Hepatitis F: Only a handful of cases have been reported from France with subsequent experimental transmission to primates. The virology, epidemiology and clinical importance of the hepatitis F virus are uncertain. There is no commercial test nor is there a vaccine.

Hepatitis G: The hepatitis G virus (also called hepatitis GB virus or HGBV-C) is a distant relative of the hepatitis C virus. It appears to be transmitted through transfusions (one to two percent of US blood donors have HGV RNA detectable in their serum). Its role in acute and chronic hepatitis remains unclear. Recent studies suggest that the virus may not even replicate in the liver. At the present time, HGV does not appear to be an important cause of clinical liver disease. There is no commercial test nor is there a vaccine.

Hepatitis B Blood Panel:  There are three common hepatitis B tests that make up the Hepatitis B Blood Panel. This is a simple test that requires only one blood sample, which can be obtained during an office visit to the doctor.

1.      Hepatitis B Surface Antigen (HBsAg): The surface protein of the hepatitis B virus that is used as a marker to detect infection. If this blood test is positive, then the hepatitis B virus is present.

2.      Hepatitis B Surface Antibody (HBsAb or anti-HBs): The antibody formed in response to the surface protein of the hepatitis B virus. It can be produced in response to vaccination or recovery from an actual hepatitis B infection. If this test is positive, then the immune system has successfully developed a protective antibody against the hepatitis B virus that provides long-term immunity.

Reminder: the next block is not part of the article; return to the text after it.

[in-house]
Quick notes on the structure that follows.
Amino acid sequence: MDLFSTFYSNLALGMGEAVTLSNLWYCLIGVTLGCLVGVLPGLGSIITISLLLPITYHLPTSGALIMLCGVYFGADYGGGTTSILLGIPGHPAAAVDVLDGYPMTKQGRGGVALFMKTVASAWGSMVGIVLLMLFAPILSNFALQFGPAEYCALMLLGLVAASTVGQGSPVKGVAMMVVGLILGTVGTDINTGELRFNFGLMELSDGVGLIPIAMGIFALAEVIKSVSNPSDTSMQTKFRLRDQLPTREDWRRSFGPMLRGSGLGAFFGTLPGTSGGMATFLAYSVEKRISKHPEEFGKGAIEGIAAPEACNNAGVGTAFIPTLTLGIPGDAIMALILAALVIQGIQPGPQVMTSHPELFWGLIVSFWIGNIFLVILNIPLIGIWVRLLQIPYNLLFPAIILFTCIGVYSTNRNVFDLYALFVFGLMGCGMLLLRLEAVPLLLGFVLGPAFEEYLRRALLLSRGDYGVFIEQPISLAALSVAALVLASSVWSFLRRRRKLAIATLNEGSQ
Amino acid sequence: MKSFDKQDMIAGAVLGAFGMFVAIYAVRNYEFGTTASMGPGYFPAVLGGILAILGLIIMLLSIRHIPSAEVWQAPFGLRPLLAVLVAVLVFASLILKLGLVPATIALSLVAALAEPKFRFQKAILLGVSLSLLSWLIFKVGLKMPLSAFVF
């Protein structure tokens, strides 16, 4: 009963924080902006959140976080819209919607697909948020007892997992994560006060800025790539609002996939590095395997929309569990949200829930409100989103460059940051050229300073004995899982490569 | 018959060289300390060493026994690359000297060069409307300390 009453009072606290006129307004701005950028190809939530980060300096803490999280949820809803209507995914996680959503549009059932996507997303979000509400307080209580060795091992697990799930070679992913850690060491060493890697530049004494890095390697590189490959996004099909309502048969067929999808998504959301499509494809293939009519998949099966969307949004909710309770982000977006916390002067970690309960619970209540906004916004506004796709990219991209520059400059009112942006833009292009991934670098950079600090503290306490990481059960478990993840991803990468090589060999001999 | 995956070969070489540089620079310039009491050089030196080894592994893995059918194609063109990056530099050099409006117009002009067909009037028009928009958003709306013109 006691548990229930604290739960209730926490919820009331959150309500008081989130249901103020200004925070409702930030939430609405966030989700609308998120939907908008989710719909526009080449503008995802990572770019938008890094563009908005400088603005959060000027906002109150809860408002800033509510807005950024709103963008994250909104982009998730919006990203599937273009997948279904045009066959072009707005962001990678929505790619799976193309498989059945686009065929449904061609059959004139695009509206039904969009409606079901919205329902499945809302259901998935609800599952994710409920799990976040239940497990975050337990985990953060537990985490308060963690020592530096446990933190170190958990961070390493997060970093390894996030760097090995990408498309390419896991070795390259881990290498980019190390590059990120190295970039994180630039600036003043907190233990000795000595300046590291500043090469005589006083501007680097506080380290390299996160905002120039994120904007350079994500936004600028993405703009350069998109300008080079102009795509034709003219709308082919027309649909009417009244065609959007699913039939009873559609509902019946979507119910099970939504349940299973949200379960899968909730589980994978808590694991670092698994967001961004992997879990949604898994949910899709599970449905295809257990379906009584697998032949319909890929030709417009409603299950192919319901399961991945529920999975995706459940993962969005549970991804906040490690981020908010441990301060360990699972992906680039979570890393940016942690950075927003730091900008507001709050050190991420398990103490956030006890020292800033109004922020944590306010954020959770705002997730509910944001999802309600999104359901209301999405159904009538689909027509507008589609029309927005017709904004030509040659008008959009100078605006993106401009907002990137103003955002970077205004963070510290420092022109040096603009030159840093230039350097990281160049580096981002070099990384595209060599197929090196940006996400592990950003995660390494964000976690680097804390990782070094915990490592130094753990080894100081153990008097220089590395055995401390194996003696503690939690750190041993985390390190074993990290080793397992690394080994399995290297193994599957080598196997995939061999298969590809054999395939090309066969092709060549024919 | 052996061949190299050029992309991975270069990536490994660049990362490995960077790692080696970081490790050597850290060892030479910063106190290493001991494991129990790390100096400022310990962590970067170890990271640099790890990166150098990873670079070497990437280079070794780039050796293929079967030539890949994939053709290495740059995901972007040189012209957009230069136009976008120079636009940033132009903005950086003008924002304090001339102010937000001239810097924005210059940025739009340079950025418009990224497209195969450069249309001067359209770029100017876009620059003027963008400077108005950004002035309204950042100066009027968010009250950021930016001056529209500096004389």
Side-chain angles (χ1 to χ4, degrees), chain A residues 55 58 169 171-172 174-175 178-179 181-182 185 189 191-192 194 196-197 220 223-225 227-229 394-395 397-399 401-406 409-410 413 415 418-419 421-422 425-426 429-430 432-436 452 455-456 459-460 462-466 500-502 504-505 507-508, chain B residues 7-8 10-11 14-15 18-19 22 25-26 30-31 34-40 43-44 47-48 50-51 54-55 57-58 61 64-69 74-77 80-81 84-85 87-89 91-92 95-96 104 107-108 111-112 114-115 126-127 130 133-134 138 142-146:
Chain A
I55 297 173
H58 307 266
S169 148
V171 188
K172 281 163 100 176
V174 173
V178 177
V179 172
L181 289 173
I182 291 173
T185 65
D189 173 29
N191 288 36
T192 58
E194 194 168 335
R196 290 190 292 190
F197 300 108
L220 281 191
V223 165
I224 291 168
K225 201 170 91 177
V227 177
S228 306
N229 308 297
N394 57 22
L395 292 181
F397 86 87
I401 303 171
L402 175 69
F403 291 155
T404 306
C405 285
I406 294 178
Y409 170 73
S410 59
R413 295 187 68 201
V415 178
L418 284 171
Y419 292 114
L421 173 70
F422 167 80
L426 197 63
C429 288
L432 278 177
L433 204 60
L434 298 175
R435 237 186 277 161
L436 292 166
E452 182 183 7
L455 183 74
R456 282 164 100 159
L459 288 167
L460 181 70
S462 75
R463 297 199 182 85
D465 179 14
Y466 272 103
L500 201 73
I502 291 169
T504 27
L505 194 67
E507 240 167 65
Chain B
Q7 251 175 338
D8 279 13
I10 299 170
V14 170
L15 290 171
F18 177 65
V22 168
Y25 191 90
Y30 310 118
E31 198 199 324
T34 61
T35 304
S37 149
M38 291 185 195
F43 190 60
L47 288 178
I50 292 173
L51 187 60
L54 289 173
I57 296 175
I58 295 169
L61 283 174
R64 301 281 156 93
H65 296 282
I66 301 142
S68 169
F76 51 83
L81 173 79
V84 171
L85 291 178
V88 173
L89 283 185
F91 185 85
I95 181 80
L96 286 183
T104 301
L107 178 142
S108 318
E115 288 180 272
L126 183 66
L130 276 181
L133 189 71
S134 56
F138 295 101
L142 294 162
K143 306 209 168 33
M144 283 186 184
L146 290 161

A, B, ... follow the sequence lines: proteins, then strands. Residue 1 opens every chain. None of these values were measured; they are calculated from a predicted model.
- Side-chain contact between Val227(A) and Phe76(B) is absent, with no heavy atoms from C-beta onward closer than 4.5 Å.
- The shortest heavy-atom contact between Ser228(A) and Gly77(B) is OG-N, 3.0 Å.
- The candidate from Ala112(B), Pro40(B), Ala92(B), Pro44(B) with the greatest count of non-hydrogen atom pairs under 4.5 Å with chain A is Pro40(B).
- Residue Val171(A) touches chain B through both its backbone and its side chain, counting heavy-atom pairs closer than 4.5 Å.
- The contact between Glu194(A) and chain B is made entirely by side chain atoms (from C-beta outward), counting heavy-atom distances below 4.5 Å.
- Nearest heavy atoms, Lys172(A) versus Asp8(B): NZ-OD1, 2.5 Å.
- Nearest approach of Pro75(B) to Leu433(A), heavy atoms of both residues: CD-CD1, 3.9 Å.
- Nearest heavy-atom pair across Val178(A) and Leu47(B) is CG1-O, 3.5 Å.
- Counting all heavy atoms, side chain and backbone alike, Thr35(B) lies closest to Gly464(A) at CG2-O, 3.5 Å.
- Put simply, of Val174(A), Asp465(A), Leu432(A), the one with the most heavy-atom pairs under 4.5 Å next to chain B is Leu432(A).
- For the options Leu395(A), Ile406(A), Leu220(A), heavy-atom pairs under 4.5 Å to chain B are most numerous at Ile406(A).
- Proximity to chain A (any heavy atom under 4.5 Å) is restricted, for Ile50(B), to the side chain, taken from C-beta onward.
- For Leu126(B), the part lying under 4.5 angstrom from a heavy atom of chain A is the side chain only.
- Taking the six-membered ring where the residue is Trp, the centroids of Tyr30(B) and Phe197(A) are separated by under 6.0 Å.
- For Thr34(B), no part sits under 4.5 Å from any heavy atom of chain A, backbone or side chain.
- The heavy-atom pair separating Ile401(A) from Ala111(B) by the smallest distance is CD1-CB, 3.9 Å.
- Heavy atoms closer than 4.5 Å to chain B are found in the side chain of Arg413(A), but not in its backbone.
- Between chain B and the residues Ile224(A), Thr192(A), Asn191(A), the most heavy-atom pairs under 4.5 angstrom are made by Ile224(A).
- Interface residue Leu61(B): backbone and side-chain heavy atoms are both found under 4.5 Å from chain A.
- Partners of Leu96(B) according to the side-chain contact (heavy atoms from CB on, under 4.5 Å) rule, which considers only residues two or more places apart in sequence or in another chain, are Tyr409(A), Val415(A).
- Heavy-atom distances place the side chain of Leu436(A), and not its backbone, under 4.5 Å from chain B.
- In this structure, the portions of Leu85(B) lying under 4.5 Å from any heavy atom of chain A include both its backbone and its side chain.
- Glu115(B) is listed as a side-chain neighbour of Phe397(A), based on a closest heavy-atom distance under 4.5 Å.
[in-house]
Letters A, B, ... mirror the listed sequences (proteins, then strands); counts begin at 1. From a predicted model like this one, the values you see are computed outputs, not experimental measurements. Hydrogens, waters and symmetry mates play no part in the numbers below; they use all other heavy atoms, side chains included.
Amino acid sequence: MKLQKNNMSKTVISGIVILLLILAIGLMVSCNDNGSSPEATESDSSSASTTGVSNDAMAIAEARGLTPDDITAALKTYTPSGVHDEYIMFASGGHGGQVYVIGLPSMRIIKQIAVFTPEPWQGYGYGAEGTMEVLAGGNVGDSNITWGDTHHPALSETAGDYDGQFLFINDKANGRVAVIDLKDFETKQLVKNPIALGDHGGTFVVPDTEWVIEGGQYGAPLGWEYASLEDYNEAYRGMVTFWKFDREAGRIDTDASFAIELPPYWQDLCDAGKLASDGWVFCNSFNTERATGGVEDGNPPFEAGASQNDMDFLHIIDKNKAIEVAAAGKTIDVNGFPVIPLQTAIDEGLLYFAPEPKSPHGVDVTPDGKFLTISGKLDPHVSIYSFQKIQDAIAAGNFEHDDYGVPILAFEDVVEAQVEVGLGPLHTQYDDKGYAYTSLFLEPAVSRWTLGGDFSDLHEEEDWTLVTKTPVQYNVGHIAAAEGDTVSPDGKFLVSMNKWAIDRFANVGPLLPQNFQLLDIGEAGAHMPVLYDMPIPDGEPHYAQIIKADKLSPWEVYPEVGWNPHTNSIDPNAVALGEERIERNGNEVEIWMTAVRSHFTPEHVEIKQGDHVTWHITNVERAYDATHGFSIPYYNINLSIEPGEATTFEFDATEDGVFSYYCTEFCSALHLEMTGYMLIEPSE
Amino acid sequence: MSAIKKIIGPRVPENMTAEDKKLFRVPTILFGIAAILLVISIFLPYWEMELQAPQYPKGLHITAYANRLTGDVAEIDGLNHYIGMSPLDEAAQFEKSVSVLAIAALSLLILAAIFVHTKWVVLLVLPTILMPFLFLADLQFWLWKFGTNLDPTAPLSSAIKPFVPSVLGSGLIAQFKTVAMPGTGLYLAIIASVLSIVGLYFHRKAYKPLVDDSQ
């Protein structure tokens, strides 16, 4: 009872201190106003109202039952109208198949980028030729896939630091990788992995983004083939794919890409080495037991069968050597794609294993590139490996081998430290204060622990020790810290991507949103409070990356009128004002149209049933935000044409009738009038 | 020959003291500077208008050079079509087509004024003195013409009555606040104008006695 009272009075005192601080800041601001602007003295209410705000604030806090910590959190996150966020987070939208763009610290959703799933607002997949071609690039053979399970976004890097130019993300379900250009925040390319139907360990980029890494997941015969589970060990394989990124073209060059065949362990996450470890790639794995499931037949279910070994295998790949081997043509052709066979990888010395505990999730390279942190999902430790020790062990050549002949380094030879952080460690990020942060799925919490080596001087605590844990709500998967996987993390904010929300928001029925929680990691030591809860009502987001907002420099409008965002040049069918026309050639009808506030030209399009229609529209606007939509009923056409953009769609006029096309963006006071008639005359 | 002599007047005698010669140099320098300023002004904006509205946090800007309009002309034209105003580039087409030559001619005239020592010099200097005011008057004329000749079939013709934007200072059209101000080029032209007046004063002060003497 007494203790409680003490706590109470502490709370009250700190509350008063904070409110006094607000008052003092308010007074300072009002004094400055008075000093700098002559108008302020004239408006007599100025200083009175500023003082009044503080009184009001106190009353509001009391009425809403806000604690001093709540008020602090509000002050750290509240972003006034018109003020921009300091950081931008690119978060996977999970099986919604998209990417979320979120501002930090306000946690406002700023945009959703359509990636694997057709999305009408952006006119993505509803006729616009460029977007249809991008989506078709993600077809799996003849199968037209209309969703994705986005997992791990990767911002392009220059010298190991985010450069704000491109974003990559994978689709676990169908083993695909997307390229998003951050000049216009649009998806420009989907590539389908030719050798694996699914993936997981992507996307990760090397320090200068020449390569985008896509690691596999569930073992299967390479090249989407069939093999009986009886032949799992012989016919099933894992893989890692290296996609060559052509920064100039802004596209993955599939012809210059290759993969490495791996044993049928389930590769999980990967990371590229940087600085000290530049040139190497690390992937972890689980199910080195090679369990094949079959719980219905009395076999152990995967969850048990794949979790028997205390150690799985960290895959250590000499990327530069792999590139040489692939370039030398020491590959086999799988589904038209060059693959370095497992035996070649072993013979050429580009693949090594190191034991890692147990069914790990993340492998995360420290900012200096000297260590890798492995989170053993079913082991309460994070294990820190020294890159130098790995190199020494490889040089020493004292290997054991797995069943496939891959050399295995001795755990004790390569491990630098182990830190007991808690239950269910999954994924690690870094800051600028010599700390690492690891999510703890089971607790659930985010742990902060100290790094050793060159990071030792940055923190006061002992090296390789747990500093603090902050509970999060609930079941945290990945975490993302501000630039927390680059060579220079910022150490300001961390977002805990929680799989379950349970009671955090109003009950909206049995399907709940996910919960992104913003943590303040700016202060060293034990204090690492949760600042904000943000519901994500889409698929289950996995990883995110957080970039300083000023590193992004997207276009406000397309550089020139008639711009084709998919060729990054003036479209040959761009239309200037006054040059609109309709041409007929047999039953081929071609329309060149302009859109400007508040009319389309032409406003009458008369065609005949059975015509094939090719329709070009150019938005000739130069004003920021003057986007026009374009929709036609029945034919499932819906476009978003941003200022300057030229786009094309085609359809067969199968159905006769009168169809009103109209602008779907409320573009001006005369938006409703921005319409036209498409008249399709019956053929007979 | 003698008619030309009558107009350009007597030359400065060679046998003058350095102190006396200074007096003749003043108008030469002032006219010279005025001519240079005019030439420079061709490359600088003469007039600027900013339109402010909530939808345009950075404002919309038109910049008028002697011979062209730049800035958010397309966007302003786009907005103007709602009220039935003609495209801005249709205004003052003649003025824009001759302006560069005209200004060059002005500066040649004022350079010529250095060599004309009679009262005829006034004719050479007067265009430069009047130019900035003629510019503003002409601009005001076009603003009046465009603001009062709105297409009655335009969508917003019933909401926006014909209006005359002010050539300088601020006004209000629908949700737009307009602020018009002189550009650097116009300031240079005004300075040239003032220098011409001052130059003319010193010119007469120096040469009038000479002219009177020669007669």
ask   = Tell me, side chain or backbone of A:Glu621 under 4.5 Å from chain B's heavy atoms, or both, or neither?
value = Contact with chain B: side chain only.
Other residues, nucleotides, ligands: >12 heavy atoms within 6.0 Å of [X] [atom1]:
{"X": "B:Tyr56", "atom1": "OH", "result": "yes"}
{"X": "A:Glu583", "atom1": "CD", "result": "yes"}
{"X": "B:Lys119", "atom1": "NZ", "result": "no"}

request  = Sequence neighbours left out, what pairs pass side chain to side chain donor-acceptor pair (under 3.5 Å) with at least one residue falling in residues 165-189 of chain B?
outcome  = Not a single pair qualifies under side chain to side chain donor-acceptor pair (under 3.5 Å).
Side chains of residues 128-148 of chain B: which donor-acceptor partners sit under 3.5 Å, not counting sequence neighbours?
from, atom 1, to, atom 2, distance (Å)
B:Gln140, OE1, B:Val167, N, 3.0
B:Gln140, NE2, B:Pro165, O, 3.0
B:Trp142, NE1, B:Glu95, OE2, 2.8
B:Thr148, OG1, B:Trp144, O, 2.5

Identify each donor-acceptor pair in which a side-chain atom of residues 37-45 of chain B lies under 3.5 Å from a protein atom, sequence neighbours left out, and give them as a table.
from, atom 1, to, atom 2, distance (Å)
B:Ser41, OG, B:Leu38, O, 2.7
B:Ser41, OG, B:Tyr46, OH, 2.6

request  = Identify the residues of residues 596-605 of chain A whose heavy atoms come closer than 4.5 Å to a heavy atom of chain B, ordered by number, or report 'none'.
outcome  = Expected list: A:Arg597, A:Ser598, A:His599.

3.      Hepatitis B Core Antibody (HBcAb or anti-HBc): This antibody only refers to a part of the virus itself; it does not provide any protection or immunity against HBV. This test is often used by blood banks to screen blood donations. A positive test indicates a person may have been exposed to the hepatitis B virus, but the result can only be confirmed in relationship to the above two tests.

HBeAg: A marker of a high degree of HBV infectivity, it correlates with a high level of HBV replication. It is primarily used to help determine the clinical management of patients with chronic HBV infection.

Hepatitis B Immune Globulin (HBIG):  A medication that is given as a “post-exposure” treatment to prevent hepatitis B. This means that HBIG is given after a person has been exposed to potentially infected blood or infected bodily fluids, which can include but is not limited to - contact with blood or through a needlestick, infants born to infected women, and through sexual contact or close household contact with an infected person. HBIG is often used as a post-liver transplant treatment.

HBV-DNA: A marker of viral replication.  It correlates well with infectivity.  It is used to assess and monitor the treatment of patients with chronic HBV infection.

Hepatocellular Carcinoma (HCC):  A malignant tumor of the liver, otherwise known as liver cancer. Chronic hepatitis B and C infections may increase the risk of developing liver cancer.

Hepatocyte:  A liver cell.

Hepatologist:  A doctor who specializes in the study and treatment of liver disease. Ideally, patients with chronic hepatitis B or C should see a “hepatologist”.